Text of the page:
Valley Breeze

The Valley Breeze Pawtucket 08-07-2019

The Valley Breeze Newspapers serving the Northern Rhode Island towns of Cumberland, Lincoln, Woonsocket, Smithfield, North Smithfield, Pawtucket, North Providence, Scituate, Foster, and Glocester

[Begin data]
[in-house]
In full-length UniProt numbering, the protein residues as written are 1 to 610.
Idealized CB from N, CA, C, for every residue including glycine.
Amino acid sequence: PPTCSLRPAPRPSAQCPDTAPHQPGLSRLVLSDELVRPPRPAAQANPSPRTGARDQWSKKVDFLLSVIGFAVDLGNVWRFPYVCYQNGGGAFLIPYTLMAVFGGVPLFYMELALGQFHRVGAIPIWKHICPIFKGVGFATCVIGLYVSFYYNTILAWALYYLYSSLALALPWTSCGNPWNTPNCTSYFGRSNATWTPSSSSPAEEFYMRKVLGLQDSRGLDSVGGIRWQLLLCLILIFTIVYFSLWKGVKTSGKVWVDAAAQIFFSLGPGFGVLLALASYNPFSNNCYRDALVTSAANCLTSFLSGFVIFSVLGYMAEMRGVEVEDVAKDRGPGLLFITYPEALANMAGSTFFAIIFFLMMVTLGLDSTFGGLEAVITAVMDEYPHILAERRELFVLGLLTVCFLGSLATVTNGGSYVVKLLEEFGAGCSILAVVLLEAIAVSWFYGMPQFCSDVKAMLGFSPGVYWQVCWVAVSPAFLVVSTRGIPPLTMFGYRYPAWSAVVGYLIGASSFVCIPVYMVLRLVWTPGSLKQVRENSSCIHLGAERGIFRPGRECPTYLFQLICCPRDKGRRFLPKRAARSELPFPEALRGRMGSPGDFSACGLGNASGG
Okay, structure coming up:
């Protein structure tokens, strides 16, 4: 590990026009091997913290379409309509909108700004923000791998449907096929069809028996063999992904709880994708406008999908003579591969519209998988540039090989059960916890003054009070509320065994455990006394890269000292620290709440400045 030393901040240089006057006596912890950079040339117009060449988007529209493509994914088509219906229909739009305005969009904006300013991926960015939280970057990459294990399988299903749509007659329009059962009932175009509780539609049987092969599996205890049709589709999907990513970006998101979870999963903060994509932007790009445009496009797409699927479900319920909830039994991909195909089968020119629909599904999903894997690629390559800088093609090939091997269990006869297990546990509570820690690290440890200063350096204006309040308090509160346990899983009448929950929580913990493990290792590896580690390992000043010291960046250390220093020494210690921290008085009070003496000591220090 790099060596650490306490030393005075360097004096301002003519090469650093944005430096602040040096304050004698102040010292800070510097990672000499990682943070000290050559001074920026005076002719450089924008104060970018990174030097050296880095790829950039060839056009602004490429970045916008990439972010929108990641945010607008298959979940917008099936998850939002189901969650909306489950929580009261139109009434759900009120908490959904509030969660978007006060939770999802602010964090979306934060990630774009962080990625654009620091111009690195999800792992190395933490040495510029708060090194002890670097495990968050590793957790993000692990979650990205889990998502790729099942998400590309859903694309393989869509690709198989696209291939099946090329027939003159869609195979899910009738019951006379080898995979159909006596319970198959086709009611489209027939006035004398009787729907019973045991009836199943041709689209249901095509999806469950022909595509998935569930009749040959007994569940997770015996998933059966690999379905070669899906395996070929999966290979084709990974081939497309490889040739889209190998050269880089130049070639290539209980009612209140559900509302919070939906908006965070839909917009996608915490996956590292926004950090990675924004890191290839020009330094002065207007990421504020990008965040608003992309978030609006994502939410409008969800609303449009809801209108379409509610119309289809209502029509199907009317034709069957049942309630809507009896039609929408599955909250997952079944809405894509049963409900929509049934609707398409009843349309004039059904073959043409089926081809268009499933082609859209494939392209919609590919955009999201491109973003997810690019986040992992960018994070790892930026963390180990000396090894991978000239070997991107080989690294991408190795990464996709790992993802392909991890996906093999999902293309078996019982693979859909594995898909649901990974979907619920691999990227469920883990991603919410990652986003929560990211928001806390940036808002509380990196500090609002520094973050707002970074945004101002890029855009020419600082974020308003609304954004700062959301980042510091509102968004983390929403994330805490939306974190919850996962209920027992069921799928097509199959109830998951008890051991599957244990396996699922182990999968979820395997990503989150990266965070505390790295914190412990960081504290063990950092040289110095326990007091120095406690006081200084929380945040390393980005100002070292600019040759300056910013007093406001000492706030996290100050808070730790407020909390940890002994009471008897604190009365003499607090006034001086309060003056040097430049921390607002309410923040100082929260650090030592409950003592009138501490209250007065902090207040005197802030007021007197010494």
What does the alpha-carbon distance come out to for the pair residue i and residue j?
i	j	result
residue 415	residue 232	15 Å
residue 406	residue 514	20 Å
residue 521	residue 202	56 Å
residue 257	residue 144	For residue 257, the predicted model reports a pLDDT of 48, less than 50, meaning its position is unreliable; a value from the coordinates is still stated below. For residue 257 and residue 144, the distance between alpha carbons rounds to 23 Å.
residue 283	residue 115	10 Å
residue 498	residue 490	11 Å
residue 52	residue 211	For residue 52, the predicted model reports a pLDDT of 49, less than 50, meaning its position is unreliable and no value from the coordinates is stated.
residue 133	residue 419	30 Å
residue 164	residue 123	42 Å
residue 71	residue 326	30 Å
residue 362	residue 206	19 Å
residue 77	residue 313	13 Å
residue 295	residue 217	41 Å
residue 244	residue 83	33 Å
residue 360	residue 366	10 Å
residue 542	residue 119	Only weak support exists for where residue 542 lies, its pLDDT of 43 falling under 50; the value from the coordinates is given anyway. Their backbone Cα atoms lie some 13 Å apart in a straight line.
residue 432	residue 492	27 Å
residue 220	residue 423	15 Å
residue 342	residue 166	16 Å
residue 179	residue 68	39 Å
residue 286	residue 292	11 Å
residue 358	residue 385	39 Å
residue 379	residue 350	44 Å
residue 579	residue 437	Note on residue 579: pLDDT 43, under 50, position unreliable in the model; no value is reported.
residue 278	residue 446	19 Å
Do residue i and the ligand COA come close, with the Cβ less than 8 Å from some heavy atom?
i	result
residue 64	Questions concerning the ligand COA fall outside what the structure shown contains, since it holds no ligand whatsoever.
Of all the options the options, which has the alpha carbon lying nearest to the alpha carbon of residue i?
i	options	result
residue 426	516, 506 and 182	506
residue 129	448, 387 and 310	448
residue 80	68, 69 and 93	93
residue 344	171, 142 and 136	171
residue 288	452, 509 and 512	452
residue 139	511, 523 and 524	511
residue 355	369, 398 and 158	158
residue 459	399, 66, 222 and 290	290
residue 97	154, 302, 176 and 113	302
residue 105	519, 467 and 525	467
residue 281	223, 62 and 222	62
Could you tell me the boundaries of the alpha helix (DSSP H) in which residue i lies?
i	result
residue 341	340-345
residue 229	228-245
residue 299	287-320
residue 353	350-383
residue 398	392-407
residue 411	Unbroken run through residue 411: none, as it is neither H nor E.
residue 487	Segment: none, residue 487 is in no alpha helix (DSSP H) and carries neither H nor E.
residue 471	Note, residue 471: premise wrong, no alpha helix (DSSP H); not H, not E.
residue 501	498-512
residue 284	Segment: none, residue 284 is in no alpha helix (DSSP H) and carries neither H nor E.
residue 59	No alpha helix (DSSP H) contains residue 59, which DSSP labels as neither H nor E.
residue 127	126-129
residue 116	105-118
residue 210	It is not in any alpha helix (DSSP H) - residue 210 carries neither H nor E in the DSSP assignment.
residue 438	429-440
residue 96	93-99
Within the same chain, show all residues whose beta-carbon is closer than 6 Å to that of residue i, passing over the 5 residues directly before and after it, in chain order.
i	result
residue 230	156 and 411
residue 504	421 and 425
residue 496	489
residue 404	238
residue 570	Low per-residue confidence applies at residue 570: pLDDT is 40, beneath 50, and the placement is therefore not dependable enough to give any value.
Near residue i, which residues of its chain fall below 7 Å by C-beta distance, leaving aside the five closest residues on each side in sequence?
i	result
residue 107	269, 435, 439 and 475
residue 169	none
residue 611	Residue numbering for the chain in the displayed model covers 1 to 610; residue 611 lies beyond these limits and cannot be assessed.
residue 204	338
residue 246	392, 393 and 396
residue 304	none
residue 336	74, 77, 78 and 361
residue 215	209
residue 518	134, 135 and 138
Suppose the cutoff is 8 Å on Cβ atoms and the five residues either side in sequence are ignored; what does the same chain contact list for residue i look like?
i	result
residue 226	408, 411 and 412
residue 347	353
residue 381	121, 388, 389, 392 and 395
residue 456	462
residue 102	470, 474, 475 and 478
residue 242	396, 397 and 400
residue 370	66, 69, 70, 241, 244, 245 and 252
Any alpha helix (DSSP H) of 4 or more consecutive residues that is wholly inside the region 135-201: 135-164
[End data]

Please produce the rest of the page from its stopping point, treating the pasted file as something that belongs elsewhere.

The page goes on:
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22 PAWTUCKET / THE VALLEY AUGUST 7-13, 2019 | VALLEY BREEZE | PAWTUCKET EDITION CUMBERLAND – The 29th annu- al CumberlandFest promises a new and improved experience for visitors of all ages, from a bigger selection of amusement rides and a beer and wine garden to better staging for music and a beefed-up fireworks display. The festival runs Friday, Aug. 9, from 6 to 11 p.m.; Saturday, Aug. 10, noon to 11 p.m.; and Sunday, Aug. 11, noon to 10 p.m. at Diamond Hill Park, 4097 Diamond Hill Road. The goal this year is to reframe the event "in a new way to be more appealing to what people are inter- ested in today," CumberlandFest Executive Director Ernie Labbe told The Valley Breeze. "The whole idea is to create a sense of community and provide a venue for people to get together and have a good time." CumberlandFest 2019 will feature an expanded midway of amusement rides, continuous musical entertain- ment, food truck vendors, a new beer and wine garden, an arts and crafts fair, wrestling, circus acts, special attractions for kids, and a huge fire- works display on Saturday night. After paying at the admissions booth, visitors will walk into the mid- way and can check out rides on both sides of the road. A stroll around the bend leads to the arts and crafts area, and beyond that on the left will be the new beer and wine garden and the main stage featuring musical acts. Past that will be children's activities, including cornhole, ring toss, inflat- able archery and inflatable obstacle courses, followed by the food court and a second stage of entertainment for kids and families. "If you circle around the outer road, you'll get to see everything," Labbe said. Organizers said they're hoping to see between 5,000 and 10,000 people at the festival this weekend. "Come with an expectation to see some new things (and) to enjoy a day with other people from town in the lovely setting of Diamond Hill Park," said Alan Neville, chairman of the board for CumberlandFest. The committee is using a new pro- vider for the amusement rides: north- ern Rhode Island-based Rockwell Amusements. Rides include a big laser light Ferris wheel, Orbiter, and Vertigo. Rockwell is also adding a cir- cus stage to the midway. Instead of featuring musical acts on the stage at the reflecting pond, orga- nizers added two new performance stages to "enhance viewing and sound and provide a more comfortable vantage point from which to view the shows." The A stage will have continuous music, including James Montgomery Band on Saturday at 8 p.m. and Steven Anthony & Persuasion on Sunday at 8:30 p.m., and the B stage will feature acts aimed at kids and families including Bwana Iguana, Dennis the Magician, Kensho-Ryo Karate, and more. The stage at the pond will be used for bingo this year. Alcohol will be served in the fes- tival's new beer and wine garden, located adjacent to the main stage, on Saturday and Sunday and will feature three craft beers from Woonsocket- based Ravenous Brewing Company and a selection of local wines from Cumberland's Diamond Hill Vineyards. "We're trying to evolve with the community," Labbe said, adding that they have local suppliers to "support the community." Food vendors include Nutmeg Concessions, Del's Lemonade, Ice Cream Machine, Marti's Cupcakes, Smoke & Squeal BBQ, Mings Asian Street Food, and Mickey G's. On Saturday at 10 p.m., a bigger- than-ever fireworks display featuring more than 500 rockets launched dur- ing the finale will provide a "pyro- technics extravaganza," organizers said. The fireworks show is larger than they've had in the past and is two to three times the size of the town's annual July Fourth display, they said. The rain date is Sunday night. Also new this year is a Boy Scouts encampment at the park. The Scouts will help out at the festival and stay overnight, organizers said. "I want to be in the park and see people have a good time," Labbe said. "If people think this year is a good year, they haven't seen anything yet." Net proceeds from CumberlandFest are donated to youth organizations in the area. In the past, proceeds have always gone to athletic programs, but this year money will go to other organiza- tions including Scouting groups and performance arts groups in addition to sports, organizers said. CumberlandFest, created by the Cumberland Youth Activities Council in 1991, has contributed more than $1 million to youth programs over its 28-year history. General admission tickets are $5. Kids 12 and under are free when accompanied by an adult. Pay-one-price wristbands, which feature unlimited amusement rides, will be available on Kid's Night Friday and on Sunday for $25 per person. Attendees who want to leave and come back on the same day will have a stamp to gain reentry into the fes- tival. A complete schedule of events can be found at www.cumberlandfest.org . Revamped CumberlandFest offers new activities and attractions this weekend By MELANIE THIBEAULT Valley Breeze Staff Writer melanie@valleybreeze.com ANABELLA ALYACOUB, 14, of North Attleboro, Mass., treats herself to a huge cotton candy at CumberlandFest last year. BREEZE PHOTO BY CHARLES LAWRENCE At left, CAIDEN KELBAUGHT, of Woonsocket, slides down the "Super Slide" at last year's CumberlandFest held at Diamond Hill Park. Along with return- ing favorites like the Ferris wheel, organiz- ers promise a bigger selection of amuse- ment rides, a beer and wine garden, and a beefed-up fireworks display. BREEZE PHOTOS BY ROBERT EMERSON Free hand-weaving drop-ins at Slater Mill in August PAWTUCKET – Trad Arts Studio at Old Slater Mill is hosting free Saturday morning drop-ins during the month of August. Anytime between 10 a.m. and noon, the public is invited to stop by the mill at 67 Roosevelt Ave., to try out hand-weaving in the mill's Trad Arts Studio space. "It's informal, and there are no expectations," said Samantha Lavoie, museum manager at Slater Mill. "Guests of any age can come for five minutes, or for an hour, and just work at their leisure to get a feel for hand-weaving." For these sessions, the types of looms available for use include cardboard looms, for the young- est and smallest weavers; table-top looms by Melissa & Doug, offering a little more challenge and perspec- tive to adventurous children and teens; and, for teens through adult, the Cricket loom offers a more advanced feel and product. "We'll have a couple of staff members on hand to help explain how to work on the looms, and to give a basic introduction, but it's fine to work completely indepen- dently too," adds Lavoie. Program dates are Aug. 10, 17, 24 and 31. Parking is free in the lot next to the mill. For more information, email info@slatermill.org, or call 401-725- 8638 ext. 106. The Lesters to perform at Woodlawn Baptist Church Saturday PAWTUCKET – Celebrating 93 years of gospel music ministry, the Lesters will perform at Woodlawn Baptist Church, 337 Lonsdale Ave., on Saturday, Aug. 10, at 7 p.m. The concert is part of the ongo- ing Southern Gospel Music Series of Rhode Island. There will be a warm up by Just Us 4 at 6:30 p.m. The Lesters family has been a tradition in Southern Gospel music since the group began with the grandparents, Harvey and Opal Lester, in 1925. The group is cel- ebrating 90 years of sharing the good news through Gospel music. The concert is free and will be held in the main church. CDs and other materials will be available. Call 401-724-6390. answers